Not withering on the virgin stalk
In summer’s heat,
Not lingering through the autumn slow
In chill decay and winter’s snow –
Her winding sheet.
Not hers to see her dear ones fade,
Or mourn them gone,
Nor yet in sickness and distress
To stand in widowed helplessness,
And pine alone.
Not dying in the death of those,
Who round us cling,
Wasting and suffering every hour;
She was an early gather’d flower,
Pluck’d in the spring!
‘Twas death; but oh! so beautiful,
So like a sleep:
She still retain’d a rosy smile,
As flowers gather’d for awhile,
Their freshness keep.
We hush’d our words to whispers low,
And softly spake;
With silent steps we trod the floor,
As if we fear’d, as heretofore,
That sleep to break.
We saw our neighbour’s children play
Around the door:
We heard their merry laugh and glee;
Then came the crushing thought that she
Would wake no more.
In her quench’d eyes the soul-lit fire
No longer burn’d:
We kiss’d that cheek so soft and bland,
And press’d that hand – that marble hand
No grasp returned.
… … … … …
We stood beside that little grace,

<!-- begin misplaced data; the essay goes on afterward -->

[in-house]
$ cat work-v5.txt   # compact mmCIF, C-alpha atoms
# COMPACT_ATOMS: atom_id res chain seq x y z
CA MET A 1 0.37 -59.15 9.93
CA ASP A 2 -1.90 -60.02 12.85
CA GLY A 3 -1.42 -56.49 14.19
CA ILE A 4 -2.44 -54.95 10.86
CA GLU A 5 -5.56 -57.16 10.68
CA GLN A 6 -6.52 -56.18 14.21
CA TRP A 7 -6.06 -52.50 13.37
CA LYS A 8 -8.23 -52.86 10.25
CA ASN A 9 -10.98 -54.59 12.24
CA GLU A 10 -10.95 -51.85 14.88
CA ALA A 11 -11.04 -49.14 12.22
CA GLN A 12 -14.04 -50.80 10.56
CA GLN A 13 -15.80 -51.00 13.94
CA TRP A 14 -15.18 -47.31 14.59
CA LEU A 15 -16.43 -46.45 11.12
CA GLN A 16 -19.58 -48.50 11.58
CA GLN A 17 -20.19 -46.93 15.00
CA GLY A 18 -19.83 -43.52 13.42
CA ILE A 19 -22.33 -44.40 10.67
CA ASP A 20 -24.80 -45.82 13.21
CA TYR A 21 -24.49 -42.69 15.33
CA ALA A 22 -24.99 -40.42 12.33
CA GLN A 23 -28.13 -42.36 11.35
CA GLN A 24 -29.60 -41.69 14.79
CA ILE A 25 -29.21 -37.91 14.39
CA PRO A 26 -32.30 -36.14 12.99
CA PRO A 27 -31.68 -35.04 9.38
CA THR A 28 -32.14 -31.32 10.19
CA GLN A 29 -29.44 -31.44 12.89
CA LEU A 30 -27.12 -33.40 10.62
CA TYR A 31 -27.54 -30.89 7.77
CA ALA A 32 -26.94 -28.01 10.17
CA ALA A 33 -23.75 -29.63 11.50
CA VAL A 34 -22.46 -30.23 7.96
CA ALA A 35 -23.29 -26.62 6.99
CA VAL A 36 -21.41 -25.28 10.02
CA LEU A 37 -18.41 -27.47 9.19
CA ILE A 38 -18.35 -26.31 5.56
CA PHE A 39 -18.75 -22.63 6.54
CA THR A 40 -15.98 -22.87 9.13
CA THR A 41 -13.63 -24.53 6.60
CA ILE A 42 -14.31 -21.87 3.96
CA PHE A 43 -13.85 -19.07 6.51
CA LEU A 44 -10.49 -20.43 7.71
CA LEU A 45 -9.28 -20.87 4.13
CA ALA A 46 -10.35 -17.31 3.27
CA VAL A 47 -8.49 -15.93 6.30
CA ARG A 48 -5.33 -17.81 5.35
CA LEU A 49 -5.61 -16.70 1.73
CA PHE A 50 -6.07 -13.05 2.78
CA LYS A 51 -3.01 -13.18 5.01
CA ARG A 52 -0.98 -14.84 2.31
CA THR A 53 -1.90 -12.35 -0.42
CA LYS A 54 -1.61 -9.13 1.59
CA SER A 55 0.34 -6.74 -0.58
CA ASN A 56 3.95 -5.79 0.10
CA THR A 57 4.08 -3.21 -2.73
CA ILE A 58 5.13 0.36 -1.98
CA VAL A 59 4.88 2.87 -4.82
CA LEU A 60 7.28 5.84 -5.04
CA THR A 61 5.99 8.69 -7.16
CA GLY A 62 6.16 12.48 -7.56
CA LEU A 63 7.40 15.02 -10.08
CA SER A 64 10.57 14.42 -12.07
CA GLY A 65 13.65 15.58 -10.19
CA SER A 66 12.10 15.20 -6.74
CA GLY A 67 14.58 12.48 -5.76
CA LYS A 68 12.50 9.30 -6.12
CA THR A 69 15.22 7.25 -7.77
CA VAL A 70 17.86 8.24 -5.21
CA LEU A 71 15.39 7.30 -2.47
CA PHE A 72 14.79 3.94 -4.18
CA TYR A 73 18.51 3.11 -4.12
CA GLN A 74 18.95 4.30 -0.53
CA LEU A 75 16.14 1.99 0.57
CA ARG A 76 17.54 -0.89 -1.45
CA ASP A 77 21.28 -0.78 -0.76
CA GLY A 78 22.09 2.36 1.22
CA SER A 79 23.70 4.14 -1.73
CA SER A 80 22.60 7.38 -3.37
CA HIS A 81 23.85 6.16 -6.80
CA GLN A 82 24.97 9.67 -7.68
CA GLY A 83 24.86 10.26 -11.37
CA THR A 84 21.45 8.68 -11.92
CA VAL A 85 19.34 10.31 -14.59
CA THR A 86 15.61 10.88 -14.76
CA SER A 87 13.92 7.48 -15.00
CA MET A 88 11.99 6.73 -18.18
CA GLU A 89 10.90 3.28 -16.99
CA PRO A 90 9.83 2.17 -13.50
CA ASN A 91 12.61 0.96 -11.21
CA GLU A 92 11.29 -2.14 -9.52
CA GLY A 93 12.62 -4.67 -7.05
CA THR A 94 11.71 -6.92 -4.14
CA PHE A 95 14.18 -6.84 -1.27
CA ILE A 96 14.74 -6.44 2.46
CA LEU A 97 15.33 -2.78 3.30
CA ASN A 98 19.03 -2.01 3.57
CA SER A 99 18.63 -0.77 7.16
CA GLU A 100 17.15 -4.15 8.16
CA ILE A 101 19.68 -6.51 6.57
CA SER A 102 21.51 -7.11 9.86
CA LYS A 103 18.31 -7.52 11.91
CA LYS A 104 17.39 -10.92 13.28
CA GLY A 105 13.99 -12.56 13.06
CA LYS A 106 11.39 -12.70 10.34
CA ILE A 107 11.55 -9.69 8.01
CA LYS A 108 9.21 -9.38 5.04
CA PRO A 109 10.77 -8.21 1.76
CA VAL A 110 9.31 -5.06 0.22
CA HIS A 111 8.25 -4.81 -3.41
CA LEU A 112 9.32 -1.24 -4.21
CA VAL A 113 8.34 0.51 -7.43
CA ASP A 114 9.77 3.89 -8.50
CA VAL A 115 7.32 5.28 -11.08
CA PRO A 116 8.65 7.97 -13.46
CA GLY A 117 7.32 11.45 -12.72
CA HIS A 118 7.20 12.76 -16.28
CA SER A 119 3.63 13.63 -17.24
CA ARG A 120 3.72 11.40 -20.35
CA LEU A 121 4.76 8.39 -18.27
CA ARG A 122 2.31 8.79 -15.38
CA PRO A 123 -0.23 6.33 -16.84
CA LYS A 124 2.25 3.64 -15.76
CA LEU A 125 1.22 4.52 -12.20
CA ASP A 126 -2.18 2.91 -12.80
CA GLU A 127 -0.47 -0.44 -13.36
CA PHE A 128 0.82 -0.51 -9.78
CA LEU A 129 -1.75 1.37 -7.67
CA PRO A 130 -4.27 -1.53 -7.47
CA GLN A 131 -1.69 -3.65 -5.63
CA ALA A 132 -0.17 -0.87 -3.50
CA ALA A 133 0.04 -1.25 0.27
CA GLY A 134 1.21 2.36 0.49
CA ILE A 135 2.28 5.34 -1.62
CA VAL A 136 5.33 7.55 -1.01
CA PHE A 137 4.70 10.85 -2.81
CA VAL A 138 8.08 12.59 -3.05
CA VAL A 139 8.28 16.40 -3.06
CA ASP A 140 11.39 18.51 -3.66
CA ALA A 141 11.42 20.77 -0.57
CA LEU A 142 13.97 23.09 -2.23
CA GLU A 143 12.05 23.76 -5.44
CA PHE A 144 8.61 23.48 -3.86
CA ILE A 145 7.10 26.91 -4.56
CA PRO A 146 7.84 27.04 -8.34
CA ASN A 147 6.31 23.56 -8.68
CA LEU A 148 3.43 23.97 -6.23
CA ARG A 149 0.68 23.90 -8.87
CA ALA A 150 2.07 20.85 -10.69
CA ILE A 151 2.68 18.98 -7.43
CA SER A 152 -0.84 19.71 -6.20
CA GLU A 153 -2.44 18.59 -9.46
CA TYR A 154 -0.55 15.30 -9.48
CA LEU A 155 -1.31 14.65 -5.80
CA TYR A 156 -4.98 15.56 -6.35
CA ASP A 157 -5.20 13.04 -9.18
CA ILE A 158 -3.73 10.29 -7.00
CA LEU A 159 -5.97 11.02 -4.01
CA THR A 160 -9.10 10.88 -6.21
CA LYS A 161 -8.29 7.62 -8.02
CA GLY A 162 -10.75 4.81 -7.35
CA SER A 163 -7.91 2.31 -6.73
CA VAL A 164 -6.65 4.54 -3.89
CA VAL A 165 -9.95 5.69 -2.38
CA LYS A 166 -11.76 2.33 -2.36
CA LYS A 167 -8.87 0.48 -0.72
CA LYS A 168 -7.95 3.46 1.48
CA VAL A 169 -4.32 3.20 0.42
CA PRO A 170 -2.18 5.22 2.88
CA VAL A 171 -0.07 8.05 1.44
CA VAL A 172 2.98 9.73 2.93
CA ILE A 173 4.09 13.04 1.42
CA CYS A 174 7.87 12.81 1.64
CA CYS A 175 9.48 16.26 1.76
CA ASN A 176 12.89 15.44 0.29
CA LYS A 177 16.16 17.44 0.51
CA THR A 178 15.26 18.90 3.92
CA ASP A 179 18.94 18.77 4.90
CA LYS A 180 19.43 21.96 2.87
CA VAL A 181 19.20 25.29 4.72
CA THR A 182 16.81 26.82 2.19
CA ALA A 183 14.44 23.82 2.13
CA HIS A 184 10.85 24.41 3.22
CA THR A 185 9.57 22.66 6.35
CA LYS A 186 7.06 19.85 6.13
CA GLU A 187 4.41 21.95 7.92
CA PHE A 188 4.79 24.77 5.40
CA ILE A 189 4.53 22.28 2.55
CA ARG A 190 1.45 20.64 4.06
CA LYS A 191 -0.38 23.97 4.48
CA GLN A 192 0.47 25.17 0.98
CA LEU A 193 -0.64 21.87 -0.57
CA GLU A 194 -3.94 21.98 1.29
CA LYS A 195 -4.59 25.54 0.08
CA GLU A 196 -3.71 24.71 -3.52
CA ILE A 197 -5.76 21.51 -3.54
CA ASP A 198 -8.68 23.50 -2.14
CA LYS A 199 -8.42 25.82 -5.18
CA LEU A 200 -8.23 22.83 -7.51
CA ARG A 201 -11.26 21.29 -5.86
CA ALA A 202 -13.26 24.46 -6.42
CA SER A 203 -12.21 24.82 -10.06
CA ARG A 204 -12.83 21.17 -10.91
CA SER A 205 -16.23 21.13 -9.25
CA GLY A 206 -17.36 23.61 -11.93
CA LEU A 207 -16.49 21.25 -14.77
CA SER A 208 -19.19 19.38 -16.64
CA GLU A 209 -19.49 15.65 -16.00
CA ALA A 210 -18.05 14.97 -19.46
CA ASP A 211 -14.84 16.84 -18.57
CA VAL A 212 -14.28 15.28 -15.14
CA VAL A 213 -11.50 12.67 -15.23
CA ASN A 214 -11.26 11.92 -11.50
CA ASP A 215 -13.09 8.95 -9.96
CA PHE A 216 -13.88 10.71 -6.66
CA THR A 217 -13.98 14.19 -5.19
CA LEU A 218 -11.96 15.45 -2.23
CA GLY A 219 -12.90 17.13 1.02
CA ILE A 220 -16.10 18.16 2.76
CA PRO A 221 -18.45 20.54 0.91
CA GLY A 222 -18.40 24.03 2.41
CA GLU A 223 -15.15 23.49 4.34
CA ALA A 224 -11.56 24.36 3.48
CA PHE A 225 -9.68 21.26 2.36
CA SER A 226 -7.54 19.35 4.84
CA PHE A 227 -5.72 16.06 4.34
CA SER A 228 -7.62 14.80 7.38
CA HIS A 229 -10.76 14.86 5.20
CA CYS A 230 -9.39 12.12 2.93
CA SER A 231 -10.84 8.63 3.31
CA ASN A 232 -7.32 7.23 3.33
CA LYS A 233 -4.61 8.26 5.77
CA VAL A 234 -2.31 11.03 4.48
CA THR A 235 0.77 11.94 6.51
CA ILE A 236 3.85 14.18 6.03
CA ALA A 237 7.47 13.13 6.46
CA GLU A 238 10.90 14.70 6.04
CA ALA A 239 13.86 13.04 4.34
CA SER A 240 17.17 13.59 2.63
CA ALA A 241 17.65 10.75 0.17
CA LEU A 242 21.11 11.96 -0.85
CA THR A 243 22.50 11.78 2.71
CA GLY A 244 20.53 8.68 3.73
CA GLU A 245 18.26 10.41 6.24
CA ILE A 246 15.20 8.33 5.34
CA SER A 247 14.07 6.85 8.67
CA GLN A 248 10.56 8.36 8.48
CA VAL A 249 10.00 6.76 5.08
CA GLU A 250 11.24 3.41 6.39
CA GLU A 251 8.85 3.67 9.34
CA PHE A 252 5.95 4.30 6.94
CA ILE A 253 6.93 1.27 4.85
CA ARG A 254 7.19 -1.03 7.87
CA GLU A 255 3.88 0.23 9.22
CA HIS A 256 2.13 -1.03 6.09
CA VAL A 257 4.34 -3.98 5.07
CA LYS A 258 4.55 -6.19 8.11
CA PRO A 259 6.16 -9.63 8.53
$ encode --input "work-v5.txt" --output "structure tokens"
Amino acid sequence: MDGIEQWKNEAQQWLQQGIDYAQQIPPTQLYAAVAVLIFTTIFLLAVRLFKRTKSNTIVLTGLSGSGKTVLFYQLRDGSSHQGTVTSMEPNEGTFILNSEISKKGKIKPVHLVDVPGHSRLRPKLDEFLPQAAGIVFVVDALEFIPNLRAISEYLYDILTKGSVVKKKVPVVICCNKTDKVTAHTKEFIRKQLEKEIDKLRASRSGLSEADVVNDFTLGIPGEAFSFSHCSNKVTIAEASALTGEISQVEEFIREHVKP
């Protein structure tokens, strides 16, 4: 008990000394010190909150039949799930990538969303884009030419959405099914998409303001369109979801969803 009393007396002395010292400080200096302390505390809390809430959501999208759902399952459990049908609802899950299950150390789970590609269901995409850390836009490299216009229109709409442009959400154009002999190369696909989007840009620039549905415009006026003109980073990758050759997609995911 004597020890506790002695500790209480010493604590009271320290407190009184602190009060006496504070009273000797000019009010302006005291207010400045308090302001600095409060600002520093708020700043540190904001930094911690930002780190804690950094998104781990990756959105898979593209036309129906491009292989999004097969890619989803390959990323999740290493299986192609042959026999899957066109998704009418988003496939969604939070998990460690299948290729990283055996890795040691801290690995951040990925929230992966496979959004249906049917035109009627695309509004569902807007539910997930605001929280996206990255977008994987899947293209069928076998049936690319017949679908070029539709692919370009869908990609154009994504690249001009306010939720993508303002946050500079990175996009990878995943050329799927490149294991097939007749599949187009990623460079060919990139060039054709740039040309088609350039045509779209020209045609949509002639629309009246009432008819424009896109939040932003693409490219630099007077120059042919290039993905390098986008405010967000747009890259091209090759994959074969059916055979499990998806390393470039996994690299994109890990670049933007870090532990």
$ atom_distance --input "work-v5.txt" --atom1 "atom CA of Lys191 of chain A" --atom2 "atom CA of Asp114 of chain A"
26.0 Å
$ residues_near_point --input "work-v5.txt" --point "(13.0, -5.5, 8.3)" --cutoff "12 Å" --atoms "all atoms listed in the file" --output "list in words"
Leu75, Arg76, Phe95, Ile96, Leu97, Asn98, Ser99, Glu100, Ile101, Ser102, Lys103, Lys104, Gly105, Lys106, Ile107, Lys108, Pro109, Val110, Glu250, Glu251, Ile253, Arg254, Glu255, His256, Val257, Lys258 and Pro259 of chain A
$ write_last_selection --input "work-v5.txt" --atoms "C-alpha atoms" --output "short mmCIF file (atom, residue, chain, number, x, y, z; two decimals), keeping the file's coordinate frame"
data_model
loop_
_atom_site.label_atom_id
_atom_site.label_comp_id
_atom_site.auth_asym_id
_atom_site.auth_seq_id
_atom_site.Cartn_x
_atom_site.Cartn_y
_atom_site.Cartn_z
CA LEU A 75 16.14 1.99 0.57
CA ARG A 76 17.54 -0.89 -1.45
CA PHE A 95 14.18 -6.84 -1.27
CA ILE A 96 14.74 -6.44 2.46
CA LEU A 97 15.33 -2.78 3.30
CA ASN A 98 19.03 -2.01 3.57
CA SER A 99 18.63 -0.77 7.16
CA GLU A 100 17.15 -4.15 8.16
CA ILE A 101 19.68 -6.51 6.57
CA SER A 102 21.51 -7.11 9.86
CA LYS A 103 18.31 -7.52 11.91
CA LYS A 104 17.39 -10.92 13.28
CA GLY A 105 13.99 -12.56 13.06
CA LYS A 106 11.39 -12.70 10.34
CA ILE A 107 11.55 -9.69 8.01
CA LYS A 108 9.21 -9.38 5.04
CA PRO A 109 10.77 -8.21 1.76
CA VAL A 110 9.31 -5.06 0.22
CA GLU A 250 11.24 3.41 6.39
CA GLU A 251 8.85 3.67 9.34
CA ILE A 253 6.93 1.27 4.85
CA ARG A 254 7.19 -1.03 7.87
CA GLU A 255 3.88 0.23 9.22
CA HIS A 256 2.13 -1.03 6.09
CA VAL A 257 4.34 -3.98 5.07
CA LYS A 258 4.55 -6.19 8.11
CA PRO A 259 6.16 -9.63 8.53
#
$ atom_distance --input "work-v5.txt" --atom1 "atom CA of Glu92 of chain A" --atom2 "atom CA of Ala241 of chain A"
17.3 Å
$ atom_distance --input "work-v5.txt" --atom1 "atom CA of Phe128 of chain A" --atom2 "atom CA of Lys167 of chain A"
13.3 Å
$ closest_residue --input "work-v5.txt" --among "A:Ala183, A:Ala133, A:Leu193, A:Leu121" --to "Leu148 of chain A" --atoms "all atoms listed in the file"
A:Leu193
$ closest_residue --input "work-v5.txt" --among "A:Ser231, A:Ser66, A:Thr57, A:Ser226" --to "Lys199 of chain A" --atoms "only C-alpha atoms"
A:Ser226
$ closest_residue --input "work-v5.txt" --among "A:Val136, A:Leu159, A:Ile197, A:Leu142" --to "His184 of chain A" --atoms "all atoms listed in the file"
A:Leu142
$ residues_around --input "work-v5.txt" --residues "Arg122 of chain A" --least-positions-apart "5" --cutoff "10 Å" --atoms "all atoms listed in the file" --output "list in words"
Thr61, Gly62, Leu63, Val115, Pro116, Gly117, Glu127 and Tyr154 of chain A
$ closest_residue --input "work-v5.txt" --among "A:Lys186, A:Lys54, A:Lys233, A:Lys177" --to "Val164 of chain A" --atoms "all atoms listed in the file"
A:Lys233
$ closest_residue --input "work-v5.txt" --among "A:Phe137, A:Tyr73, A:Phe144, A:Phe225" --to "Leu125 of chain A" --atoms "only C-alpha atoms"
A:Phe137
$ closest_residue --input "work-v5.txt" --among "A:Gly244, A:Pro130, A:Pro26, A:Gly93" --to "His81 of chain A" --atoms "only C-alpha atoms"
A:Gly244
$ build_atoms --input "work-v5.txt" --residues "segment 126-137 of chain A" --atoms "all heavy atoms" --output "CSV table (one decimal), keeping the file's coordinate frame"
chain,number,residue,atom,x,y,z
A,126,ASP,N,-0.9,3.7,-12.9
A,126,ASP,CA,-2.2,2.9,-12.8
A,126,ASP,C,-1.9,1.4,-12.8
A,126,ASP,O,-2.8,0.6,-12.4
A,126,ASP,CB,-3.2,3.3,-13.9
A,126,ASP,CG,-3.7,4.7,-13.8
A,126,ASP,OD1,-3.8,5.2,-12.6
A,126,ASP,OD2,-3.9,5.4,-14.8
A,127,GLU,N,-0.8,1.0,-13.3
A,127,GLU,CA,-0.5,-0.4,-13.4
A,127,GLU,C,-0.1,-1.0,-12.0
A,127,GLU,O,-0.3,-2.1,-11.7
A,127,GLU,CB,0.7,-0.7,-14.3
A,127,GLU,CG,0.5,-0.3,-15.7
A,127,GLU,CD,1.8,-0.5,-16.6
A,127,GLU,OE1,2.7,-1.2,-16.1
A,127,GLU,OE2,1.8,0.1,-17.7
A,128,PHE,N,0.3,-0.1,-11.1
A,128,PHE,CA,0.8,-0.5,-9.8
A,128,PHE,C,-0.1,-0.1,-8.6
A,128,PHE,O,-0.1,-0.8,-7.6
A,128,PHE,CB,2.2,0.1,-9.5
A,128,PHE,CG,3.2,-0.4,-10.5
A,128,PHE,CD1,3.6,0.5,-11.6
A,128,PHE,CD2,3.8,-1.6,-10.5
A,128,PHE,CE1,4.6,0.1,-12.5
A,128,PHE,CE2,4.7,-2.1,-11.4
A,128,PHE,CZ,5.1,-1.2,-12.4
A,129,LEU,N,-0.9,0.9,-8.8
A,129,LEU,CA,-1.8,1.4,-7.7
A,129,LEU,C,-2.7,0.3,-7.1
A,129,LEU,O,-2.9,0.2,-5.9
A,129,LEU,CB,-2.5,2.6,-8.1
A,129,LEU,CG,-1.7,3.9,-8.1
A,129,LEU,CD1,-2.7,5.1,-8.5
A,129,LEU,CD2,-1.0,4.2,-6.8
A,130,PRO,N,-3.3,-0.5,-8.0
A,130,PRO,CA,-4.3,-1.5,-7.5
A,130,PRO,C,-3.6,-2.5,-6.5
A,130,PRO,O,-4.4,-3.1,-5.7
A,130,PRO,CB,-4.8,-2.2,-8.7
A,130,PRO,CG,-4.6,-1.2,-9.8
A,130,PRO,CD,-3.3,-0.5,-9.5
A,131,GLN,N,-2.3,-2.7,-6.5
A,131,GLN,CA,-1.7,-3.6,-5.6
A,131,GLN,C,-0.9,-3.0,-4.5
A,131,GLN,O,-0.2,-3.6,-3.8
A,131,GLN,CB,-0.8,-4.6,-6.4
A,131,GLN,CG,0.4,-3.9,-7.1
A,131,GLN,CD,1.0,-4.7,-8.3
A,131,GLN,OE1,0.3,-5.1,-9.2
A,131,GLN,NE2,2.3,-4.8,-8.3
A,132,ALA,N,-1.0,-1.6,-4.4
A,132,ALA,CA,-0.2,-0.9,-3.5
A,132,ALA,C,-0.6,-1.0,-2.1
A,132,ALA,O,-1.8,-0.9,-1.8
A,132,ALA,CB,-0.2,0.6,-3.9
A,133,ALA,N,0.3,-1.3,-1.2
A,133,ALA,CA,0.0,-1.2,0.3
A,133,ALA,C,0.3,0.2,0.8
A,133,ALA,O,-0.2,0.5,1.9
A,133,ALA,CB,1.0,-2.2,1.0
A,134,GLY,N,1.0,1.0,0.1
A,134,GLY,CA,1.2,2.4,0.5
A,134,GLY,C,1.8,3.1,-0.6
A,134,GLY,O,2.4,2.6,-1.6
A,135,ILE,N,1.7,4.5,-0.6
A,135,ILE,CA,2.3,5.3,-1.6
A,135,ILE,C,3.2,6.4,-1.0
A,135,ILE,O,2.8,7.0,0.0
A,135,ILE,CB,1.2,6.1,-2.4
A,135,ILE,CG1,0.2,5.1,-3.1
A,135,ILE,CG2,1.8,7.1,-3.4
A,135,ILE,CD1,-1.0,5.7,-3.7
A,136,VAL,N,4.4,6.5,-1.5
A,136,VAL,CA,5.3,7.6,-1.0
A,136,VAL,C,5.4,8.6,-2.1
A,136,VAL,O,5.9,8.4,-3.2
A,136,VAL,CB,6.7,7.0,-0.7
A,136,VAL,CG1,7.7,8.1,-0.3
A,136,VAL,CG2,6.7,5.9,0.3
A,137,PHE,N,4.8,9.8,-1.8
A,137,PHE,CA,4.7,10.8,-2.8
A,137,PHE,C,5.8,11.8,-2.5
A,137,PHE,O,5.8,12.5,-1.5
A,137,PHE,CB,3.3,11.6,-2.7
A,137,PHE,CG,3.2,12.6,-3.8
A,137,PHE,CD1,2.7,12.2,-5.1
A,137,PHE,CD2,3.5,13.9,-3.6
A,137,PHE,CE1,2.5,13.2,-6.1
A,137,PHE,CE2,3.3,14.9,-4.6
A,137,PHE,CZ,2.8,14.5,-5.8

With smother’d sighs,
And heard upon the coffin lid,
The mould, that now fore ever hid
Her from our eyes.
But still from memory’s faithful page
Time hast not wiped
Those features. Not in death’s decay,
But as in sleep, the beauteous clay
Date:April 12th 1864
This anonymous poem combines two Victorian preoccupations: death and childhood. It is secular in its treatment of the deathbed of a female child (at the very least an adolescent), and ruminates on what would have been the life experience of the subject had they lived. Poems such as this had a greater resonance during the Cotton Famine when child mortality rose significantly through increased poverty, hunger and sickness. – SR